Western North Carolina

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Western North Carolina is defined as much by the various chains and valleys within the Appalachian Mountains as it is by the various people here. The region contains large swaths of state and national forest lands and parks, including the Great Smoky Mountains National Park and Blue Ridge Parkway. It contains old rivers and old folkways, along with an increasingly large stream of transplants and temporary visitors.

Across the mountains, conditions range from the metropolitan Asheville to the sparsely inhabited rural communities in Clay, Swain, and Avery counties, for example. Asheville has long served as the unofficial capital of western NC, though its urbanity, industries, politics, cultural and racial demographics, and relatively flat geography differentiate it from the surrounding Buncombe County and larger region. Plenty of smaller cities also dot the landscape, from Hendersonville, Boone, Wilkesboro, and Waynesville to Sylva, Brevard, Morganton, Marion, and Franklin. Smaller towns like Rutherfordton, Tryon, Marshall, Cashiers, and Bryson City also serve as destinations or community centers.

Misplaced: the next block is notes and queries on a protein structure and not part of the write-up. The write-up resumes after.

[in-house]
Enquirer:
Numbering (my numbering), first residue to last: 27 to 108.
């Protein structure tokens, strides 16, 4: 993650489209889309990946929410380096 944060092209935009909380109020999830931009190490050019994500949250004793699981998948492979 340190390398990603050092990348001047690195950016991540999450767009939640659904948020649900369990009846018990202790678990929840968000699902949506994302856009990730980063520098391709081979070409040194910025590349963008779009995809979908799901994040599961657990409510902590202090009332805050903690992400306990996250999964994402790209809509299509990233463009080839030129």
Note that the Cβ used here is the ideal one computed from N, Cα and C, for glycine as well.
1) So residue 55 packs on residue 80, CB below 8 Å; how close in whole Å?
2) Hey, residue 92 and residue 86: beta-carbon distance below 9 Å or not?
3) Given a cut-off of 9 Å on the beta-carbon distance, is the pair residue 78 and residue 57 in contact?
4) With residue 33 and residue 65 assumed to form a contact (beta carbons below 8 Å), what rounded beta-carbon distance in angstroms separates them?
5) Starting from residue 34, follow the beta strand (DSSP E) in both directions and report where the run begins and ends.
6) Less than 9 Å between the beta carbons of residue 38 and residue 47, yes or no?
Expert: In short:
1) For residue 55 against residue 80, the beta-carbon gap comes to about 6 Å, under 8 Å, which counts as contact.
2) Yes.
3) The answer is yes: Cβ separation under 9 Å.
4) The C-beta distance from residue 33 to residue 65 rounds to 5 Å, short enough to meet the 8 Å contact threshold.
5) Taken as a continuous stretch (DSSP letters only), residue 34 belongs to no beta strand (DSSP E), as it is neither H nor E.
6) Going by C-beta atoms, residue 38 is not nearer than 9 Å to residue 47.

Understanding this area, and all the unique people here, requires both historical context and a discarding of preconceived notions. The region’s own heavy tourist marketing has often reinforced outside “hillbilly” stereotypes within the “Land of the Sky.” Look only at the surface, and you run the risk of seeing the Appalachian region you expect to see; dig deeper, however, and you will find an ever-changing and varied range of places, people, culture, challenges, and opportunities. These links and resources should help you do just that.

The region also contains the Qualla Boundary and Cherokee, the home of the Eastern Band of the Cherokee Indians. A number of historically African-American and even modern Hispanic communities are scattered in key places throughout this region as well, each with their own backstories.